The St. Johns River Water Management District is partnering with Orange County Utilities on a project to use WaterSmart Software in efforts to generate water savings for residential utility customers. WaterSmart utilizes social norms in conjunction with comprehensive data analytics and targeted messaging to modify water use behavior. Orange County Utilities was selected for the 12-month program as part of the district’s cost-share program, which assists in funding projects related to enhancing water conservation efforts as well as developing sustainable water resources and providing flood protection.
Pasadena Water and Power has contracted with WaterSmart Software to launch a utility and customer web portal that will provide residential water consumption reports, household comparison data, and conservation tips. In addition, PWP staff will have access to customer consumption analysis, utility consumption analysis, and high use and leak alerts.
Scott Laidlaw, chief of the water supply planning bureau for St. John’s Regional Water Management District in Florida, discusses how WaterSmart Software’s customer engagement platform has led to water savings of about 4 million gallons since its implementation last September for 5,000 residential accounts in Ocala. The most recent results indicate a 5 percent reduction in water use by platform users, and customer satisfaction with the utility’s water services has improved by 35 percent. Read more.
Brian Brady, FPUD General Manager, recently discussed Fallbrook’s five-year program to replace all automatic meter reading equipment with advanced metering infrastructure. In tandem with its AMI launch, Fallbrook is working with WaterSmart Software to provide the district with alerts of leaks, high usage, and will also provide for management and enforcement of use limit violations. He noted the WaterSmart customer portal provides customers with a web and mobile portal, real-time usage data, GPD usage information, personalized water scores, personalized water-saving actions, neighborhood comparisons, seasonal usage data, annual end use, historical trends, historical user actions, and alerts.
Mammoth Community Water District (MCWD) customers will now be able to access detailed information about their household, property or business water use through a new customer service tool resulting from a partnership between MCWD and WaterSmart Software.
Medford, MA announced a comprehensive program using WaterSmart Software which will aim to help households and businesses easily track and understand their water use and Medford water issues at large.
Modesto announced a new partnership with WaterSmart Software, a pioneer in the use of digital and behavioral sciences to drive efficiencies throughout the water utility industry. As part of the program, residential customers will have access to WaterSmart’s Customer Portal, including personalized information about their water use and how it compares to similar properties, customized water-saving recommendations, and up-to-date news, rebates from the City. Residents can opt-in to receive timely leak alerts through email, voice, and text messages. Residents will be able to set threshold alerts to proactively monitor their water use.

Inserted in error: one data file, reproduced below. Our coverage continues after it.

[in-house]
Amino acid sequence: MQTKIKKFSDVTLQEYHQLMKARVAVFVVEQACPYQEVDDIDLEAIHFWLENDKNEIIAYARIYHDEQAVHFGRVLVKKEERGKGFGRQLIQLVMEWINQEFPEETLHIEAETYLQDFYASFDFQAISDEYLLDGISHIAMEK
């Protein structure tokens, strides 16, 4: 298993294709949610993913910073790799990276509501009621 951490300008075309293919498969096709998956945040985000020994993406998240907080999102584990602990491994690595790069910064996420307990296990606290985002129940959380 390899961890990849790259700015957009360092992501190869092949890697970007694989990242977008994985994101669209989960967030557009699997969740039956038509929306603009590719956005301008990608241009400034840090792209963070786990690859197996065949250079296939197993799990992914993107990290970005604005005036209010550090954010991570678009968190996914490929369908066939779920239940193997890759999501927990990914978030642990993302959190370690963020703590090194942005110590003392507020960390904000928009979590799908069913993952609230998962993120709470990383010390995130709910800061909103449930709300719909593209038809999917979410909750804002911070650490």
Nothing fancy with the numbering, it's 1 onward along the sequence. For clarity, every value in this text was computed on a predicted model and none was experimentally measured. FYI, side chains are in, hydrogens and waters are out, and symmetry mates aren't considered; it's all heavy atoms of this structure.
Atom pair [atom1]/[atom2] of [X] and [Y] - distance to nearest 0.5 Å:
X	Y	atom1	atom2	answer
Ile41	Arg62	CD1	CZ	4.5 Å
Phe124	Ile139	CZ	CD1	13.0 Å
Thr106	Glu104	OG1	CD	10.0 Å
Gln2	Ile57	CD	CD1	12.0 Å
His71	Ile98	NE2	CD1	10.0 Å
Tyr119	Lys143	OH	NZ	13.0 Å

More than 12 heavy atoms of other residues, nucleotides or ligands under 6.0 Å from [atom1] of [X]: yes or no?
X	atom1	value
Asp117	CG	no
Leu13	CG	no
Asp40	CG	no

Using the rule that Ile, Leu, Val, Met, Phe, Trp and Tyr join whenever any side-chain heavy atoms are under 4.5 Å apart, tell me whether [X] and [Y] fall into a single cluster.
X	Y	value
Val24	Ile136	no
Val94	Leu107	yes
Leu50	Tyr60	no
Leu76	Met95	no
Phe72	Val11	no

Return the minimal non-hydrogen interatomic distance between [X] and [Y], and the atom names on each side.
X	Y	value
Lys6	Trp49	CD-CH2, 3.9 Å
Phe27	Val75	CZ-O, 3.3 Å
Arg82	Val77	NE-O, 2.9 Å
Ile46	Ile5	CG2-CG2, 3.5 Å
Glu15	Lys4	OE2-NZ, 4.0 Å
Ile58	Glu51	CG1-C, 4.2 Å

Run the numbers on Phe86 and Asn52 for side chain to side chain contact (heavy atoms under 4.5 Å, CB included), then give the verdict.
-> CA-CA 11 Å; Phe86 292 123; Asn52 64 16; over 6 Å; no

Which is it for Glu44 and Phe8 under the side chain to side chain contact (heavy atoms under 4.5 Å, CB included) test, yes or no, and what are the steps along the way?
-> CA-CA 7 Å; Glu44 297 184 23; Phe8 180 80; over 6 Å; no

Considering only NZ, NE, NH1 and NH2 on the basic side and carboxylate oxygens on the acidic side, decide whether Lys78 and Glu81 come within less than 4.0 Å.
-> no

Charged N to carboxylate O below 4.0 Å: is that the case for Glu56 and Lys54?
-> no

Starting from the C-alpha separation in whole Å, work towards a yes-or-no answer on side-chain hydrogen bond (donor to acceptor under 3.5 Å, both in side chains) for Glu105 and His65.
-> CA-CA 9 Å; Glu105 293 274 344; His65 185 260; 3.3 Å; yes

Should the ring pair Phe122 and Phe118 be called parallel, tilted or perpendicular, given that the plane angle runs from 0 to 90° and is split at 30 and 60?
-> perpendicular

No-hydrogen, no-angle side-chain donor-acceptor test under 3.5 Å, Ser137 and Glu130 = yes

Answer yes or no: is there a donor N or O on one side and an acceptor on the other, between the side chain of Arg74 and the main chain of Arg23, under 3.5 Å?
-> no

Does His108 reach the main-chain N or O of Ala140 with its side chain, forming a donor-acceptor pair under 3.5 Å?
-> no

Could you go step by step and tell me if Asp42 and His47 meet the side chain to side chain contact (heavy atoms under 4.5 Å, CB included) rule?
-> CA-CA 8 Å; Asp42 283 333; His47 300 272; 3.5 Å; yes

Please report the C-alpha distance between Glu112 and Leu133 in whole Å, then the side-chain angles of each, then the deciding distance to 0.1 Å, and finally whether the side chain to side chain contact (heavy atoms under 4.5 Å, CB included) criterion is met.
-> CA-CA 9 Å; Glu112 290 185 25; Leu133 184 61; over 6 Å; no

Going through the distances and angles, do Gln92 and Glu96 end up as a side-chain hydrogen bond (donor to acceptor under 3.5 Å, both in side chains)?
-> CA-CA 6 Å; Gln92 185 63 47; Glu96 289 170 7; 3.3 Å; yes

For clean energy startups aiming to solve the future’s energy problems the action’s in Hawaii. A combination of ambitious laws, island economics, and the community-building prowess of a powerful startup accelerator, Energy Excelerator, have turned the island paradise into the hot place for clean tech innovators. This interview features Energy Excelerator’s Dawn Lippert discussing their program and companies they support like WaterSmart Software.
Shoreview, MN has partnered with technology company WaterSmart Software giving residents the ability to easily access individualized water consumption reports, receive timely utility communications and water-saving recommendations specific to their household. The partnership will not only help residents lead more sustainable lives, but will also lend data insights to the Public Works Department, which will in turn assist the city in managing its water supply more efficiently.
America’s long complacency about its water supply is being eroded not just by crises like Flint, Michigan’s lead-poisoned pipes, but by a growing realization that, as clean water becomes scarcer, especially in the West, it can’t remain so cheap. Just 2.5 percent of the world’s water is fresh water that is actually available, and pure enough to drink. Right now, water technologists are hard at work on two separate challenges: squeezing more drinkable water from the oceans of water already out there and devising new ways to use — and waste — less of the water we already have. Here’s a sampling of new technologies that promise to change the future of water.